1.SAP is incorporating AI into its business Applications

Philipp Herzig, SAP’s

recently appointed chief artificial intelligence (AI) officer, has presented the company’s AI strategy, which centers on integrating AI capabilities into its business applications to increase customer accessibility to AI.

Herzig, who directly reports to SAP’s CEO Christian Klein, told the media during a recent trip to Singapore that the core of SAP’s AI strategy is the company’s capacity to integrate data and workflows from several SAP apps to enable what it refers to as business AI.

“First and foremost, business AI refers to the integration of AI into our business applications, which include finance, supply chain, HR, procurement, travel, and expense management, among other business processes,” the speaker stated.


SAP has begun integrating AI capabilities into its Sales and Service Cloud and SuccessFactors HR suite. These capabilities include, for example, using generative AI to assist customer service teams in improving ticket resolution times and recruiters in creating job descriptions.

Additionally, it has created the Joule co-pilot, which enhances developer productivity by integrating code-generation capabilities for data models, application logic, and test script creation, in addition to providing contextualized information and support to users of SAP applications.

According to Herzig, SAP has established capabilities for over 30 AI use cases, and this year, these will be expanded to include over 100 use cases. “We’ve had a constant drumbeat of innovations around using Joule to generate job descriptions, and we are now expanding to even more use cases in HR,” Herzig added.

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“You can do a lot with AI, but if the value isn’t there, or if it’s too expensive, it will not get adopted,” Herzig stated when discussing how SAP prioritizes AI use cases. Whether it’s a component of our premium AI products or an extension of our current licensing, we carefully consider the return on investment for our clients.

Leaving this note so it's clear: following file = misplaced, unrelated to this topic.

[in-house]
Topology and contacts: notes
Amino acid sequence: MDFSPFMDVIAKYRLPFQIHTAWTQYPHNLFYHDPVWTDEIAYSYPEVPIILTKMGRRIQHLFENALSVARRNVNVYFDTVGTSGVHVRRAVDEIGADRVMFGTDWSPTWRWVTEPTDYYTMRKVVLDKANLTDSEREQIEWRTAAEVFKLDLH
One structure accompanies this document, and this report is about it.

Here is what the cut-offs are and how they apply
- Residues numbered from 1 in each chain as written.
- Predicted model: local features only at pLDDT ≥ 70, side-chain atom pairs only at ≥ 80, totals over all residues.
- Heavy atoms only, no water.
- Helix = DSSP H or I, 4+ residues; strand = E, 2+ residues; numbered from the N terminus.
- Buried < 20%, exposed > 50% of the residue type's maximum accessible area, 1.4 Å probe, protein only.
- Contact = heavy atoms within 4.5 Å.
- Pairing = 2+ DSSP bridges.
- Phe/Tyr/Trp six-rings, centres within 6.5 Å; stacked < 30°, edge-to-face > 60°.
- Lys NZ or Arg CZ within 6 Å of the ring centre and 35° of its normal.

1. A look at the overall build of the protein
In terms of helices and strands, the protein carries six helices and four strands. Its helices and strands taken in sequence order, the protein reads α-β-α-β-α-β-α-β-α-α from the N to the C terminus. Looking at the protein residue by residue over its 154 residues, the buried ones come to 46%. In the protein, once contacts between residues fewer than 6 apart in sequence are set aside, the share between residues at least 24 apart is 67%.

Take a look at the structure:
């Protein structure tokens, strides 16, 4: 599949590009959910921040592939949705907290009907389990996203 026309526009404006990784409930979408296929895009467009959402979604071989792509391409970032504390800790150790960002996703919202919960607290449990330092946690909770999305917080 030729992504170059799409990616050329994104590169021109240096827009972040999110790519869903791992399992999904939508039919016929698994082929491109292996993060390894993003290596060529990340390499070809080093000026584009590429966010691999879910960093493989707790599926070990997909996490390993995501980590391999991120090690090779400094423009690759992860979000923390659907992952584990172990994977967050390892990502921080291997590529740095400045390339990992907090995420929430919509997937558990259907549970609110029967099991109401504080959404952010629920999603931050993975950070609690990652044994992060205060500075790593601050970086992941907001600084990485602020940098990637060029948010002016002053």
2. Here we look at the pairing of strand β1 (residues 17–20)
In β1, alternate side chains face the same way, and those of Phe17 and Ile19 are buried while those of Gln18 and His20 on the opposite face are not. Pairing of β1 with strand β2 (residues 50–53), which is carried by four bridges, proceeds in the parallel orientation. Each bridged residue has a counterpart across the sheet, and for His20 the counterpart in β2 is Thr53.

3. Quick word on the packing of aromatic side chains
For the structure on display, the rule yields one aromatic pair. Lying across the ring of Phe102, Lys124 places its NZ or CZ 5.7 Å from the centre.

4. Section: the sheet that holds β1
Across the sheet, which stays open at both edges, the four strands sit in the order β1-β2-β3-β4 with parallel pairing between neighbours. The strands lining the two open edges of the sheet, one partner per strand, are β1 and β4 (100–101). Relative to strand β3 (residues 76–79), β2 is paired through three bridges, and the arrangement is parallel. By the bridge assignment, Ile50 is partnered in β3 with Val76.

Facilitating clients’ adoption of AI is equally crucial. SAP has “learned the hard way that if it’s not delivered as a service, and not through cloud and out of the box, adoption will not happen,” according to Herzig, regarding embedded AI.

Less than 1% of the 27,000 clients actively using SAP business AI today are on-premise, he continued, adding that customers using it as a service have already seen benefits. “This is the only way we will design AI going forward; otherwise, we will not be able to scale with the volume of customers we have.”

Additionally, SAP’s strategy opens up the use of AI capabilities to organizations that might need the know-how to put the technology into practice. “When we ship a model, for instance, and then you have to do the data cleansing and retrain that model, those are things that take a lot of skills, and many customers don’t have 100 data scientists,” explained Herzig.

However, using the SAP Business Technology Platform (BTP), which has pre-built connectors across SAP systems, organizations with the necessary expertise can play around with the technology to create a slightly customized version of an AI-enabled application.

Herzig stated, “Our clients and collaborators can slightly modify or customize the components we have designed to build their own versions of the applications,” and added that BTP makes integration easier and faster.

“You can create it on AWS, Google Cloud, Azure, and Amazon Web Services, but you’ll need to build your data pipelines, integrate identity management, and handle security, among other things. This is where our approach makes sense, as we had to work through those issues on our own. We are providing customers with BTP virtually as a byproduct so they may create their applications.


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